Also, my wife is planning to recreate the “Heap-n Chips” at home. I’ll let you know how that turns out.

As a group, we also went to the Louisville Zoo, which is a pretty cool zoo complete with a 4-D movie theater. In addition, they had an moving dinosaur exhibit that was originally supposed to end several weeks ago but was extended until the end of August.

The 4-D movie theater was pretty neat. We had our choice of Dora & Diego’s 4-D Adventure or Planet Earth: Ice Worlds. Of course, being with a group of teens, the chose Dora the Expolorer.

You already know about 3-D; well, 4-D is pretty much the same thing, but with a few surprises. For example, at one point, Dora and her rainforest friends were on a boat and waves were splashing into the boat. In 4-D, you can see the waves into the boat and you can actually feel them as water is squirted on you.

At one point, one of Dora’s friends was eating a banana and you could actually smell a banana. Later on during the movie, I could have sworn that Dora was, um, passing gas — that is until I realized that I was sitting next to a mother who was holding a baby. Doh!

Later on that night, my wife and I headed to Fourth Street Live — an area of downtown Louisville filled with restaurants, bars, and the such. Apparently, it’s the place to be in Louisville on a Friday night.

We were meeting my wife’s sister’s husband’s cousin and her husband from Cincinnati, who made the 90-mile drive to visit with us. We met up just after an outdoor concert was ending.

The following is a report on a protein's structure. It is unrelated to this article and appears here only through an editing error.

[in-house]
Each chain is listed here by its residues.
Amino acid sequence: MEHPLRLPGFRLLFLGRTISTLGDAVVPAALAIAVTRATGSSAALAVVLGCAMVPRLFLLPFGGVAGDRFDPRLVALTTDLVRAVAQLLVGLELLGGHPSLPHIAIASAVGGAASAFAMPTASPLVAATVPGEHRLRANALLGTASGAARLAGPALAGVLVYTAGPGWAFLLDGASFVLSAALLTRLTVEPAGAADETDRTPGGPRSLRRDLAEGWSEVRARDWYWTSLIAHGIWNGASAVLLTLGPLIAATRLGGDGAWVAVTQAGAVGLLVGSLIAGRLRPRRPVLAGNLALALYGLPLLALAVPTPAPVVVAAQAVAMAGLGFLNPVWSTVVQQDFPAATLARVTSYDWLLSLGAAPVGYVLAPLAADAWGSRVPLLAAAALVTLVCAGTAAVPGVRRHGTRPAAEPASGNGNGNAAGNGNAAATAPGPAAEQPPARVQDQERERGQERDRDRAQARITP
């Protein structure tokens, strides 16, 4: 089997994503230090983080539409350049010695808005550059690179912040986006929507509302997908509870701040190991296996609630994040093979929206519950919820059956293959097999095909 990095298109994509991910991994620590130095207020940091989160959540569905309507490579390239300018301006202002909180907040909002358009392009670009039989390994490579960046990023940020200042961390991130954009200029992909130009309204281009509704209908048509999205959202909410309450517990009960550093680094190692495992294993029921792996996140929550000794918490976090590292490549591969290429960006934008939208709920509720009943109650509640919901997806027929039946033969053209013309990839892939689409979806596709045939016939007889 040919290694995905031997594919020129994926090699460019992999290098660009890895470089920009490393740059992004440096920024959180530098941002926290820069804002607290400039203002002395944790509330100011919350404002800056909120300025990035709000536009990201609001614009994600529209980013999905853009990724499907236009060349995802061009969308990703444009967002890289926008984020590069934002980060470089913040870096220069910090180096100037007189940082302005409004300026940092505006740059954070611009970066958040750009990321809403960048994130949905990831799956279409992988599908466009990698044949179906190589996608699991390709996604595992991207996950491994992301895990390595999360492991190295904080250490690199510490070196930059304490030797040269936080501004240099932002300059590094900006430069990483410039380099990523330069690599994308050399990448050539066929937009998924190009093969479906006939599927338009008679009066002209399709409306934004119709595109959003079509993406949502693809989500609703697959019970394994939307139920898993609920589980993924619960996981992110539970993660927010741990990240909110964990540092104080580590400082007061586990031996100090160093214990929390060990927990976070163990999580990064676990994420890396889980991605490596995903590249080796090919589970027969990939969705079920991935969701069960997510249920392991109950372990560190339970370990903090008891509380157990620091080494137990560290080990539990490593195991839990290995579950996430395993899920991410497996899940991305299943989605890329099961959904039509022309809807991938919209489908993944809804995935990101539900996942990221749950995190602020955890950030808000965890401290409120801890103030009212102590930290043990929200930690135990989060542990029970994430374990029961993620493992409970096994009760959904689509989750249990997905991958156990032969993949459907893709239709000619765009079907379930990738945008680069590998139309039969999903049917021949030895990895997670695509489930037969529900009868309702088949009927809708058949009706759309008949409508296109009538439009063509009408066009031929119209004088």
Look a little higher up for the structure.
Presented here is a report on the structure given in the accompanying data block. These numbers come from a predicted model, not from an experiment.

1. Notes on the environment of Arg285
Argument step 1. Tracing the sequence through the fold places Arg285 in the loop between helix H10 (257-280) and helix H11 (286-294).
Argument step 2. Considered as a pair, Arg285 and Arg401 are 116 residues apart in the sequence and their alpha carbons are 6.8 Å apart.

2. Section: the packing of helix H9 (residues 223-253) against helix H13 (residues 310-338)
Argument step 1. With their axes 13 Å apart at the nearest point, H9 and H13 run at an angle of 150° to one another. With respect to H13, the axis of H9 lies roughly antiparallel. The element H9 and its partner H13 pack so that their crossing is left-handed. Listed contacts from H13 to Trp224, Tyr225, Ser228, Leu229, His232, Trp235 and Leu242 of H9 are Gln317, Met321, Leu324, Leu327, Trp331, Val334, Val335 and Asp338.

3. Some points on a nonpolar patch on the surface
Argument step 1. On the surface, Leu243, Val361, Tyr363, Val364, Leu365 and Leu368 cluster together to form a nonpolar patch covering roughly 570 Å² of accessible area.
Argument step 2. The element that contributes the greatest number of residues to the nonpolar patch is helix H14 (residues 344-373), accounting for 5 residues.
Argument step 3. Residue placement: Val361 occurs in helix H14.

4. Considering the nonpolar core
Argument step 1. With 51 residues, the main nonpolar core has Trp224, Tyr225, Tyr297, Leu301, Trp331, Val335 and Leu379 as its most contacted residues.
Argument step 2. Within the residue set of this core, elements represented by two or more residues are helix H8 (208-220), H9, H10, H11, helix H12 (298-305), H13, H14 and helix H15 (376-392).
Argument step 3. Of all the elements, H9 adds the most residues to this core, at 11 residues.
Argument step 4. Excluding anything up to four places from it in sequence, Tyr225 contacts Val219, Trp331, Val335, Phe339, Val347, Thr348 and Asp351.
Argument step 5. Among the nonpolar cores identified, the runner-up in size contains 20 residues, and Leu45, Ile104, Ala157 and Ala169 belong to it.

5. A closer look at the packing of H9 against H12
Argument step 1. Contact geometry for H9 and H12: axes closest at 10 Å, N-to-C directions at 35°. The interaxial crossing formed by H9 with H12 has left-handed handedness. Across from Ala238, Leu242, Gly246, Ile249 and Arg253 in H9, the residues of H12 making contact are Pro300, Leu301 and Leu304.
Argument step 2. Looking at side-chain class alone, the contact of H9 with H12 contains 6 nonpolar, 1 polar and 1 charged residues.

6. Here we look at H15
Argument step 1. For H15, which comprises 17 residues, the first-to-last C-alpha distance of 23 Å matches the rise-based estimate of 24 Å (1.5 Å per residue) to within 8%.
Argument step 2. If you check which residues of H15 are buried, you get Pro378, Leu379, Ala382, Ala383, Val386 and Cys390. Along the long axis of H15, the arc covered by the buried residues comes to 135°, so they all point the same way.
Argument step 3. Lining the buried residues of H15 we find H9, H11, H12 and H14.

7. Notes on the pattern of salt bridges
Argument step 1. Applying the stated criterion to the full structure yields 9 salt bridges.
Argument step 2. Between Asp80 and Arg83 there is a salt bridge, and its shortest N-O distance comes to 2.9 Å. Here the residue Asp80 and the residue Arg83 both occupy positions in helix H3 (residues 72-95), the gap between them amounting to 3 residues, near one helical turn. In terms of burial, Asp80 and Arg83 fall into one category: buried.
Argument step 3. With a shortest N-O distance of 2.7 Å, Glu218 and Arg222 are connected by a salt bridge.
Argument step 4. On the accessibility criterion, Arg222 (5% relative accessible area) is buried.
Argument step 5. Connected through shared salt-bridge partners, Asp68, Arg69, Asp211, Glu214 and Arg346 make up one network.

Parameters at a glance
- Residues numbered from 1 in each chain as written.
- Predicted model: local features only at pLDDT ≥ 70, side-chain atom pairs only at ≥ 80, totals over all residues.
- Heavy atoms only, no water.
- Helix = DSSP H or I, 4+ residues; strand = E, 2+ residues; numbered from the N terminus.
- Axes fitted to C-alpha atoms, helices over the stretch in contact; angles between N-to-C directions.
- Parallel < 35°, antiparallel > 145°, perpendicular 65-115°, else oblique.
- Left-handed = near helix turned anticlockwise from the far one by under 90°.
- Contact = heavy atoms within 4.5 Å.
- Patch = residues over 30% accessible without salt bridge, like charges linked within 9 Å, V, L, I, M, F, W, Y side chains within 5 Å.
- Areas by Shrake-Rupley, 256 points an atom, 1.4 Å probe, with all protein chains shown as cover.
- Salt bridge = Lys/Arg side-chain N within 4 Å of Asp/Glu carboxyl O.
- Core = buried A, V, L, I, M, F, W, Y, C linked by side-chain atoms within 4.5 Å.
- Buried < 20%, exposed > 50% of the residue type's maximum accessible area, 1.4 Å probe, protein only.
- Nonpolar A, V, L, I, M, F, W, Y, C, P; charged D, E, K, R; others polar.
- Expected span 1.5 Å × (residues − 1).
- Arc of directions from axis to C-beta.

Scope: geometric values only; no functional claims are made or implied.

We stood around talking when we realized that one of the band members was right next to us. For the next 15 minutes, we watched as young females flocked to him and had their picture taken with him.

At one point, a 13-year-old teen who could not contain his excitement ran up to him and began fawning over him. It was like he was a member of the Beatles or something. I thought he was going to pass out from excitement.

I don’t think I ever saw someone fawning over someone else in my life. That was some seriously extreme fawning. Extreme fawning — they should make a reality show about that.

As we watched this happening, we were joking that we had no idea who this person was or what band he was in.

 To read the rest of the column, subscribe to The Valley News by calling 315-598-6397